Should the A’s Call Up Daric Barton?


Sep 17, 2013; Oakland, CA, USA; Oakland Athletics first baseman Daric Barton (10) connects at the plate during the sixth inning against the Los Angeles Angels at Coliseum. Mandatory Credit: Bob Stanton-USA TODAY Sports

Sigh, groan, complain. Those are all typical reactions when A’s fans hear that Daric Barton is once again being called up. Barton has shuffled between Oakland and Sacramento since 2007, and has only played in 174 big-league games in the last four years. But September is coming up, which means rosters expand, and Barton could be back in an A’s uniform.

Barton is a part of a rare breed of first basemen without power. Even in his only full season with the A’s, he hit only 10 home runs, and has 30 for his career. But even though he lacks power, he has great plate discipline and he is an above-average defender.

This year, Barton was horrendous hitting .158 in 64 at bats before being sent down in late April. He has since compiled a good but not great .258/.357/.395 slash line in Sacramento. However the A’s should not call him up for his bat, but rather for his glove.

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Stephen Vogt, Brandon Moss and Nate Freiman have mostly handled first base for the A’s this year, and none of them are considered elite defensively. Barton can provide a defensive upgrade over all of those players, and can be a valuable asset in the late innings. Even if he can’t hit a beach ball, he can still be a productive one-dimensional player, and September is where one-dimensional players go to shine.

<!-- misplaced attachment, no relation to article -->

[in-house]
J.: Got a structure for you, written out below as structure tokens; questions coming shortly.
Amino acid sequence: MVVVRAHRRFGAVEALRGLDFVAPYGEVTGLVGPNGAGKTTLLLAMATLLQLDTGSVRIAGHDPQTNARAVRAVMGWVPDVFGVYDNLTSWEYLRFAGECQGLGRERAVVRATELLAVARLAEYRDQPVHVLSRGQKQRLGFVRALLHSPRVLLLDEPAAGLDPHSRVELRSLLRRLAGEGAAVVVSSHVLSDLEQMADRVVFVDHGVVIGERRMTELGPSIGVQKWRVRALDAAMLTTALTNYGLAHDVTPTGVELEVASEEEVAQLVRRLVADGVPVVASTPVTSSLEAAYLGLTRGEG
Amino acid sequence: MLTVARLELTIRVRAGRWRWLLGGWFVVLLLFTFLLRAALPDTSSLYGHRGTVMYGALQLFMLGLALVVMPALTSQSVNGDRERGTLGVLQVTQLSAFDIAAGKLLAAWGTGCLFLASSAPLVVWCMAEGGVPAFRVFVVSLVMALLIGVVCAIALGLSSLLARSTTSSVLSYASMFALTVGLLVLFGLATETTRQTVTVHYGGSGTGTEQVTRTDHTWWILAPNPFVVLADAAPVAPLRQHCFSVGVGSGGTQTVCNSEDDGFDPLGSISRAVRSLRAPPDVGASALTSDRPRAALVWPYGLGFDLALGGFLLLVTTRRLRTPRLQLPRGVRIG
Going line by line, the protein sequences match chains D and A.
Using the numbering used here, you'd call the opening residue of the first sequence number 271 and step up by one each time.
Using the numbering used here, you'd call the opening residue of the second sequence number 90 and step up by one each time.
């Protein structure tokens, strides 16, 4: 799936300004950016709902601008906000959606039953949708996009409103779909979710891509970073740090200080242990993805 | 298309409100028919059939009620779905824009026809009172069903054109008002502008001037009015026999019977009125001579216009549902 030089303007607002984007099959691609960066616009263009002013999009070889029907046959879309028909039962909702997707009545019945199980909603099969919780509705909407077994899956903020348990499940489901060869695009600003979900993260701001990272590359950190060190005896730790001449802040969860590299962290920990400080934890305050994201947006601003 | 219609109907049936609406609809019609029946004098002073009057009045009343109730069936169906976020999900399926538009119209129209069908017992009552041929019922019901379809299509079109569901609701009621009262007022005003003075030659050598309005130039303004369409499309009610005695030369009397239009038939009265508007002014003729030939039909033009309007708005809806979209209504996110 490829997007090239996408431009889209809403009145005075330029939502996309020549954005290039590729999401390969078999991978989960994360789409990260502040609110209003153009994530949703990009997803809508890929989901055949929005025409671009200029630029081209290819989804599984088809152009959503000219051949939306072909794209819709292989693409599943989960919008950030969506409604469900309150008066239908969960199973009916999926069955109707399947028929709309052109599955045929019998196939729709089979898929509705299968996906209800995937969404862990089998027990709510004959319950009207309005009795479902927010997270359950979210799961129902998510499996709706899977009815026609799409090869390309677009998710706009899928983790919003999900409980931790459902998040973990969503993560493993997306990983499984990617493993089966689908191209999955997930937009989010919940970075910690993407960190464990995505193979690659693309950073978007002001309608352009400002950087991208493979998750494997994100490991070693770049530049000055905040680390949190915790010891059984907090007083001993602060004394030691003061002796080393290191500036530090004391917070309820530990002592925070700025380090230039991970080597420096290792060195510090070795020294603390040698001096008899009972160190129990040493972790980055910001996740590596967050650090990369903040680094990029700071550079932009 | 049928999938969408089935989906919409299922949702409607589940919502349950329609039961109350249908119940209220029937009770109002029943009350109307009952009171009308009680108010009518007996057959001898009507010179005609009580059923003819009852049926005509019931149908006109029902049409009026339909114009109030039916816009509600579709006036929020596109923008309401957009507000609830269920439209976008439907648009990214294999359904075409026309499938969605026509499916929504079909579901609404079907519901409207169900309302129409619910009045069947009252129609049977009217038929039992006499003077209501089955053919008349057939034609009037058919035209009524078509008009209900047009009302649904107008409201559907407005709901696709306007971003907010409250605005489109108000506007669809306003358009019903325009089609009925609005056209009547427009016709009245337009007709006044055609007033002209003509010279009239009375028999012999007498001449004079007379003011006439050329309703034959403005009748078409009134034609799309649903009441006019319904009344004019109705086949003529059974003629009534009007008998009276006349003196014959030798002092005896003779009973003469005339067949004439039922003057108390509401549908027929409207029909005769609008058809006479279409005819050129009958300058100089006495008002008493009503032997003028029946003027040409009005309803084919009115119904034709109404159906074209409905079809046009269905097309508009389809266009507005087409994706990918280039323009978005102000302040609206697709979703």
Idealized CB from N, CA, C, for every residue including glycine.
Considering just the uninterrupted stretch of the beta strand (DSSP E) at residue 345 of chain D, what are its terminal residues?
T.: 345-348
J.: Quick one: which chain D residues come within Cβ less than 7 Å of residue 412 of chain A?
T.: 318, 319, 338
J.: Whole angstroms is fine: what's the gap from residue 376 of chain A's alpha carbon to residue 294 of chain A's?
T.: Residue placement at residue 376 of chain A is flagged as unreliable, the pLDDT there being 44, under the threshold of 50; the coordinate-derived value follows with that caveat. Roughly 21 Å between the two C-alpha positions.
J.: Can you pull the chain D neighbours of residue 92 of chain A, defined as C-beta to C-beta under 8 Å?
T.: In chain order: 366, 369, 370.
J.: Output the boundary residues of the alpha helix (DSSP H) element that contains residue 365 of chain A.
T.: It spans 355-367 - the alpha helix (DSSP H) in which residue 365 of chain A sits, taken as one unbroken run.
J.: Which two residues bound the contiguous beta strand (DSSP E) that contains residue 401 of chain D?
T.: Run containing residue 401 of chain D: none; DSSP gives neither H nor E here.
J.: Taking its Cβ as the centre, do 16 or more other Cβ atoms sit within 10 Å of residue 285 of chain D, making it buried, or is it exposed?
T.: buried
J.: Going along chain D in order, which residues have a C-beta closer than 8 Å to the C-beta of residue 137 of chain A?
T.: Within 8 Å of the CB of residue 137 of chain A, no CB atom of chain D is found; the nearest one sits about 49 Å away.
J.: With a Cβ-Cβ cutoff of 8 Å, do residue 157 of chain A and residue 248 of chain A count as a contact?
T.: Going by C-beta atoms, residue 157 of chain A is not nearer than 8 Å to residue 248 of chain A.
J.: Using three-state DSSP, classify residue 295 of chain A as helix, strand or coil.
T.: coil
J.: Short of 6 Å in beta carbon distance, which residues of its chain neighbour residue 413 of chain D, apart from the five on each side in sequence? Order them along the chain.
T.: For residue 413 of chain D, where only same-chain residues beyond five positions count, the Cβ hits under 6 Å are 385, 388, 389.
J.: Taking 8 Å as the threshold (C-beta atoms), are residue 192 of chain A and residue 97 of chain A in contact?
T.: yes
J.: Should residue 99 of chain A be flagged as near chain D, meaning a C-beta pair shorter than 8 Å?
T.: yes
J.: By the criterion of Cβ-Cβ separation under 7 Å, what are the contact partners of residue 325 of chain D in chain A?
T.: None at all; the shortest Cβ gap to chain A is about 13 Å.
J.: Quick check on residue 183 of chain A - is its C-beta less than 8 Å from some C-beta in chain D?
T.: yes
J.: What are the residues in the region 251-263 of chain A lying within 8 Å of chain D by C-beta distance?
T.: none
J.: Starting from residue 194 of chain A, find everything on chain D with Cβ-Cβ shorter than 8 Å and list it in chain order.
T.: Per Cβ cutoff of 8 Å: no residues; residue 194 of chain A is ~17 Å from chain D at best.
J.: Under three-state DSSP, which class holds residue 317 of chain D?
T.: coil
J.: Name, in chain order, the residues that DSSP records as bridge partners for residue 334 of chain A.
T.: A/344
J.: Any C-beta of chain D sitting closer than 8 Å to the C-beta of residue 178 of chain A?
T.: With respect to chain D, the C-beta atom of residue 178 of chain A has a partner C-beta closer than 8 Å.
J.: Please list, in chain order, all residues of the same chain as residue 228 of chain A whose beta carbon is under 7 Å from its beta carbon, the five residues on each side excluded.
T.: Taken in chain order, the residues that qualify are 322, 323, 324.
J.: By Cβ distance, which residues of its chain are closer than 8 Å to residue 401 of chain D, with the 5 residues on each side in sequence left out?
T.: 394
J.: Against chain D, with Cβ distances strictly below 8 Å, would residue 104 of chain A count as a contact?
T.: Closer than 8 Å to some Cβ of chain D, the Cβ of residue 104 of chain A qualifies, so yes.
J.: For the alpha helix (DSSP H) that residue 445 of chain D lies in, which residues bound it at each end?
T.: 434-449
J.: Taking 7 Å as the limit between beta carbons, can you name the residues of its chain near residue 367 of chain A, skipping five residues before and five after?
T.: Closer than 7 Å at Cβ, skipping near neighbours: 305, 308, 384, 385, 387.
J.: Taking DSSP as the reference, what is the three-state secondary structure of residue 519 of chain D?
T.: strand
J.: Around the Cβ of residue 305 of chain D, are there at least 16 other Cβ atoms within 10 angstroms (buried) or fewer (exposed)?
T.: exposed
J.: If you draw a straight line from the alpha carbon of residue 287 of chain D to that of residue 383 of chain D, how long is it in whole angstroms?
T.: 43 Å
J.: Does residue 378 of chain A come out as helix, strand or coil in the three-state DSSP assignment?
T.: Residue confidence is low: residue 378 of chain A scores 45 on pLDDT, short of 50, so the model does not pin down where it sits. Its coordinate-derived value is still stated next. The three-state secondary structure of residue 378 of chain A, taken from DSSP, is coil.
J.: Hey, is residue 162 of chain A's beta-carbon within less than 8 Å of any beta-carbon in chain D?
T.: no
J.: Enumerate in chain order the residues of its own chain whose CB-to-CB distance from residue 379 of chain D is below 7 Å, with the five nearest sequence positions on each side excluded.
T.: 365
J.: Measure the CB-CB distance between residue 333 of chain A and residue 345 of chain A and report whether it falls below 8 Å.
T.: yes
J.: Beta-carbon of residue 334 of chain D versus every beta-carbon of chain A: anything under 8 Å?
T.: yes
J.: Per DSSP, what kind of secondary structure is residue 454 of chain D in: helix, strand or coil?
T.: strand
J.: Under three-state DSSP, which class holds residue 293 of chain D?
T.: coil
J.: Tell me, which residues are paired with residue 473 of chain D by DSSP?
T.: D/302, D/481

Last year, the A’s brought Barton up for the final stretch of the season, and he delivered at the plate as well, hitting .269 in 104 at bats. The A’s shouldn’t expect much offense from Barton down the stretch, as evidenced by his struggles earlier this year, so any offensive production that he gives them should be considered a bonus.

Also, the team has struggled with injuries lately, with Jed Lowrie, John Jaso and Nick Punto on the DL, and Sam Fuld, Josh Donaldson and Vogt dealing with minor ailments. Having another position player on the roster for the stretch run would be wise considering the potential lack of depth.

But how will the A’s make room for Barton? Even with rosters expanding, Barton is not on the 40-man roster. The team would have to designate one of their minor league pitchers, such as Arnold Leon, Deck McGuire or Josh Lindblom, for assignment to make room for Barton. Considering McGuire’s 7.16 ERA in Sacramento, that shouldn’t be too much of a sacrifice to make.

In short, the A’s can use the September call-ups to improve their defense in the late innings, and they can do so without making a big gamble. It’s essentially a no-risk, decent reward scenario, even if it means having to watch number 10 back in the green and gold once again.